“[U]nder California law, once a plaintiff comes forward with evidence that he provided services for an employer, the employee has established a prima facie case that the relationship was one of employer/employee. [Citation.] As the Supreme Court of California has held, ‘[t]he rule ․ is that the fact that one is performing work and labor for another is prima facie evidence of employment and such person is presumed to be a servant in the absence of evidence to the contrary.’ [Citations.] Once the employee establishes a prima facie case, the burden shifts to the employer, which may prove, if it can, that the presumed employee was an independent contractor” (Narayan v. EGL, Inc. (9th Cir. 2010) 616 F.3d 895, 900) or, in this case, a non-employee trainee. No such proof exists here; all evidence points to an employer-employee relationship.
The record also fails to support the trial court's finding that Kao was an exempt employee from February 2010 to May 2011. Most employees must be paid a specified minimum wage (26 U.S.C. § 206 (a)(1); Lab. Code, § 1182.12, subd. (a)) and overtime of one and one-half times the regular pay rate if they work beyond a set number of hours (generally more than 40 hours per week or over eight hours per day under California law). (29 U.S.C. § 207(a)(1); Lab. Code, § 510, subd. (a).) Several exemptions exist under both federal and state law that relieve an employer from having to meet minimum wage and maximum hour requirements. One of these exemption is for salaried administrative employees. (29 U.S.C. § 213(a)(1); Lab. Code, § 515, subd. (a); 8 Cal. Code Regs., tit. 8, § 11040, subd. (1)(A)(2).) Such employees are exempt if they perform certain types of work, are paid on a salary basis, and receive a minimum salary rate. (Ibid.) “Such exemptions are narrowly construed. [Citation.] ‘[T]he assertion of an exemption from the overtime laws is considered to be an affirmative defense, and therefore the employer bears the burden of proving the employee's exemption.’ ” (Negri v. Koning & Associates (2013) 216 Cal.App.4th 392, 396-397.)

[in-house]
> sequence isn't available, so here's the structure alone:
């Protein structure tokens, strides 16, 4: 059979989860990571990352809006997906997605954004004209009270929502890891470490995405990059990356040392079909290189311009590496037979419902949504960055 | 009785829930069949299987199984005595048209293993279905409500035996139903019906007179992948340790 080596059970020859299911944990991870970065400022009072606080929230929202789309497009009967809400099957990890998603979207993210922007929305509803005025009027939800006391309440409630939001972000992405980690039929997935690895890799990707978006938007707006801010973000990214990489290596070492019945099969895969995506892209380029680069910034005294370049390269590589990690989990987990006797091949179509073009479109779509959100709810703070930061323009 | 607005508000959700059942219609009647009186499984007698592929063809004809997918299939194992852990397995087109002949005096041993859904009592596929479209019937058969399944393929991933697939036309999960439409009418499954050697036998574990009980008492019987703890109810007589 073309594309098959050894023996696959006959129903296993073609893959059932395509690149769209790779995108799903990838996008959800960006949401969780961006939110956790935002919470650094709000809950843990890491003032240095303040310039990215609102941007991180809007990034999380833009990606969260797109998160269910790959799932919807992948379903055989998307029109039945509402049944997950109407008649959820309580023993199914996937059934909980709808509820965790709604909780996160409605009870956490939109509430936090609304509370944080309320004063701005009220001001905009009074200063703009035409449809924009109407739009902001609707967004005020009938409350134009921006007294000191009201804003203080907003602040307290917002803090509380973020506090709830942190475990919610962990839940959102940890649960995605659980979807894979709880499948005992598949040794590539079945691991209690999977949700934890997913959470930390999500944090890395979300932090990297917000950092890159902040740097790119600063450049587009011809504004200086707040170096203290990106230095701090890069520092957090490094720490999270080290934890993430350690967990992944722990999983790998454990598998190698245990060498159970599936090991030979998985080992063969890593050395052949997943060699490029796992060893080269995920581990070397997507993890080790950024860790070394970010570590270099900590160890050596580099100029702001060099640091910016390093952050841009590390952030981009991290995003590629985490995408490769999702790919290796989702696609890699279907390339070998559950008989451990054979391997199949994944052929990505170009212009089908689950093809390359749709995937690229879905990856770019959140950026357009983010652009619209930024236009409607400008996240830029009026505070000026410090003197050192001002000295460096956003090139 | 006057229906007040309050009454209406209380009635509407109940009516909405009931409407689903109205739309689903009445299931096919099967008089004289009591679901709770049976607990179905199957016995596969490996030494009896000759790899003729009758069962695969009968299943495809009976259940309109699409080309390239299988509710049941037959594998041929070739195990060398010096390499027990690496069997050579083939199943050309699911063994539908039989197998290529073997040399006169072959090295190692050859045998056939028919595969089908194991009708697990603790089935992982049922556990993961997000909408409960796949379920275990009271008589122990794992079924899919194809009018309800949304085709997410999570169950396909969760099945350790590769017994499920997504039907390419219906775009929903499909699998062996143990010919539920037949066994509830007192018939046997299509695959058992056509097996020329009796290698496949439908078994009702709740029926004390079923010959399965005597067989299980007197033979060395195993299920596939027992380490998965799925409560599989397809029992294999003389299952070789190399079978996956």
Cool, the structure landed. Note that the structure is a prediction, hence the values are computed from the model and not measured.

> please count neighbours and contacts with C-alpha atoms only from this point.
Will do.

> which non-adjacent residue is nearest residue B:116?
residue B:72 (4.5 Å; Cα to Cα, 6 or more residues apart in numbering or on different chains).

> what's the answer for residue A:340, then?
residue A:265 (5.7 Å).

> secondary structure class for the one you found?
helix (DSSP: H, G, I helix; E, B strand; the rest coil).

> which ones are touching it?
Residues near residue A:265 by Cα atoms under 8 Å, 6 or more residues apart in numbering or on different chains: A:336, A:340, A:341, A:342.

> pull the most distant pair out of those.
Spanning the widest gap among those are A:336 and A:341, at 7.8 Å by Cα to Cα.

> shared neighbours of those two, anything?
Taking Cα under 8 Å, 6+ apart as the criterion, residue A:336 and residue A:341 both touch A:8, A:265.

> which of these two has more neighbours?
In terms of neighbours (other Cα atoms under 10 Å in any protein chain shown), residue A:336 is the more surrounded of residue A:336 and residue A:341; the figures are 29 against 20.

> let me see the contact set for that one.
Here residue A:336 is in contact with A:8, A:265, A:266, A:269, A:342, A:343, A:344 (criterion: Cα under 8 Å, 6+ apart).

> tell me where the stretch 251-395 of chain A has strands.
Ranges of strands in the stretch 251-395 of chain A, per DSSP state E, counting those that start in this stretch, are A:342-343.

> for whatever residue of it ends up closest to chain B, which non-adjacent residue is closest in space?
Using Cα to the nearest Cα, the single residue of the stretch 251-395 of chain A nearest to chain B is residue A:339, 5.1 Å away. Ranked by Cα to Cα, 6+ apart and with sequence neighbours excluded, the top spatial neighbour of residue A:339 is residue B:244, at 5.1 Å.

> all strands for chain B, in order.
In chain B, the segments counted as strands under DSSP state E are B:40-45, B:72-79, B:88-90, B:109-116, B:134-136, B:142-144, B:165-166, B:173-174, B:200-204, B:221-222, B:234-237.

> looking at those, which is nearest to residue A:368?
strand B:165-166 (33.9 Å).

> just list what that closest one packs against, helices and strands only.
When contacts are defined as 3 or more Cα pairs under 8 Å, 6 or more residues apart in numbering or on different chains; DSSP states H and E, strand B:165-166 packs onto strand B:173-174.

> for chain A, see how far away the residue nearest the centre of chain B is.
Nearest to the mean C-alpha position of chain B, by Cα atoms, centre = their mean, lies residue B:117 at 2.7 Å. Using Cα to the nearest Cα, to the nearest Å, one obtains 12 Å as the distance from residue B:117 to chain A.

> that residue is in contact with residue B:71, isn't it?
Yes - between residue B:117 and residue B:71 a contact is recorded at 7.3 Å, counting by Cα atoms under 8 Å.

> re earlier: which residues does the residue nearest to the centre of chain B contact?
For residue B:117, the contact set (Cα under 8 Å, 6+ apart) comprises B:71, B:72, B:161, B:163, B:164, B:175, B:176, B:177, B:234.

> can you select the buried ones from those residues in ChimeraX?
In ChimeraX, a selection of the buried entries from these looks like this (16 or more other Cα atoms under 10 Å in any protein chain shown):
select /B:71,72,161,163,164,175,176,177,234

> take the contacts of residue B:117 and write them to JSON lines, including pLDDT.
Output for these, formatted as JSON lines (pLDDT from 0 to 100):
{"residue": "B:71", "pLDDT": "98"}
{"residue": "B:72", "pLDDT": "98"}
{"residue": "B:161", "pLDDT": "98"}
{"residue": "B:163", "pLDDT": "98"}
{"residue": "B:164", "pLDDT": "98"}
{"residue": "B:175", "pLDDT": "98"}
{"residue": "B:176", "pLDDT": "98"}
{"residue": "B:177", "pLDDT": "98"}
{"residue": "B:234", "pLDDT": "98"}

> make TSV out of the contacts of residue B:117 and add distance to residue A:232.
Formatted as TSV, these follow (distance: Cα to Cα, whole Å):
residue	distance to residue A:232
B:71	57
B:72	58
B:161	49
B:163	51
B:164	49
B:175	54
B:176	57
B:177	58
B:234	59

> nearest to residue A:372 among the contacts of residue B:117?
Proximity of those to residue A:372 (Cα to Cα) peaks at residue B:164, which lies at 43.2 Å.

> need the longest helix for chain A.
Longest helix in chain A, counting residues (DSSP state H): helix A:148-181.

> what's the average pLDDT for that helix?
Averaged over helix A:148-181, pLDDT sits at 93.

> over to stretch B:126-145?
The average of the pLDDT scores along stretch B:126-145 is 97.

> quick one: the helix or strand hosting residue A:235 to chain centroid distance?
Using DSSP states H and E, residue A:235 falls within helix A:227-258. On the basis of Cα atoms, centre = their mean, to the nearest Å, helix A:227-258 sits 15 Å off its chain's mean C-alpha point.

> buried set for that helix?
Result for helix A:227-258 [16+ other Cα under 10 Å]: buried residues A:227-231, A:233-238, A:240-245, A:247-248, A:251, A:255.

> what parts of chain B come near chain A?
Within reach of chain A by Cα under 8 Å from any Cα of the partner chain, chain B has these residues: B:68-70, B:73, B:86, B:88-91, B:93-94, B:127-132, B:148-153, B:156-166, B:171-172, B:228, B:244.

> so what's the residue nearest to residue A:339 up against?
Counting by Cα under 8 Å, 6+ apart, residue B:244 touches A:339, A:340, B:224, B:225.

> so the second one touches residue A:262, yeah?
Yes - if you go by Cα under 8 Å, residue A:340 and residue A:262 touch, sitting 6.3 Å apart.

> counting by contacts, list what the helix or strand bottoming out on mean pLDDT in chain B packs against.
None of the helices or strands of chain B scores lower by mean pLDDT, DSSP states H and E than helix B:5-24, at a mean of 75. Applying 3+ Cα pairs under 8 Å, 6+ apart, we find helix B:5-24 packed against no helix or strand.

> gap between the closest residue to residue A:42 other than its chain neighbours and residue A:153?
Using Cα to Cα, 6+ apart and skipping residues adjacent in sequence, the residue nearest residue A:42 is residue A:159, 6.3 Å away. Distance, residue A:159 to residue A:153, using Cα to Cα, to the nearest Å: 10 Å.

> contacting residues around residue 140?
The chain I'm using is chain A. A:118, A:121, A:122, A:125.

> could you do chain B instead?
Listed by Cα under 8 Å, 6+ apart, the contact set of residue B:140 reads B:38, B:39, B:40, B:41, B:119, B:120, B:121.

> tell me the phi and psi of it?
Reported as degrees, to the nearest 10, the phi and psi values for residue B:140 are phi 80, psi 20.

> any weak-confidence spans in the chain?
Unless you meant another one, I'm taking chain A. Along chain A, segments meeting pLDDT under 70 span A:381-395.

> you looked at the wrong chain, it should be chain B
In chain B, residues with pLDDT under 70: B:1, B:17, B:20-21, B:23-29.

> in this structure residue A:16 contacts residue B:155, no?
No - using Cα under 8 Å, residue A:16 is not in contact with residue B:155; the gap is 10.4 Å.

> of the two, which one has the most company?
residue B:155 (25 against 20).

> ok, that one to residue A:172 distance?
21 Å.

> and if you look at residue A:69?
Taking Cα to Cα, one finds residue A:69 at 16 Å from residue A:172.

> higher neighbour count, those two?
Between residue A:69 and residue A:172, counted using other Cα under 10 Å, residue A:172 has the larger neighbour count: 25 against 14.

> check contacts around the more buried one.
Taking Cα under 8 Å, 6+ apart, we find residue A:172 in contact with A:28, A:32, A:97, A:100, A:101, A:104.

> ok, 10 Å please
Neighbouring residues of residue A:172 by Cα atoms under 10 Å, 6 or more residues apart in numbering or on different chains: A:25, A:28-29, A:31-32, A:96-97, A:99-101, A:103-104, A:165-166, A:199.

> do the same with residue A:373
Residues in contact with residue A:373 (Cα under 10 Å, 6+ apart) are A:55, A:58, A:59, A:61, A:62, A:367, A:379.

The exemption is clearly inapplicable to Kao's employment from January to May 2011 following his demotion to “non-manager status.” Under the FLSA, exempt administrative employees include only those employees “[w]hose primary duty is the performance of office or non-manual work directly related to the management or general business operations of the employer or the employer's customers” and “[w]hose primary duty includes the exercise of discretion and independent judgment with respect to matters of significance.” (29 C.F.R. § 541.200(a)(2), (a)(3) (2017).) California law similarly limits exempt status to management level administrative employees. (Lab. Code, § 515, subd. (a); 8 Cal. Code Regs., tit. 8, § 11040, subd. (1)(A)(2); Eicher v. Advanced Business Integrators, Inc. (2007) 151 Cal.App.4th 1363, 1371-1372.)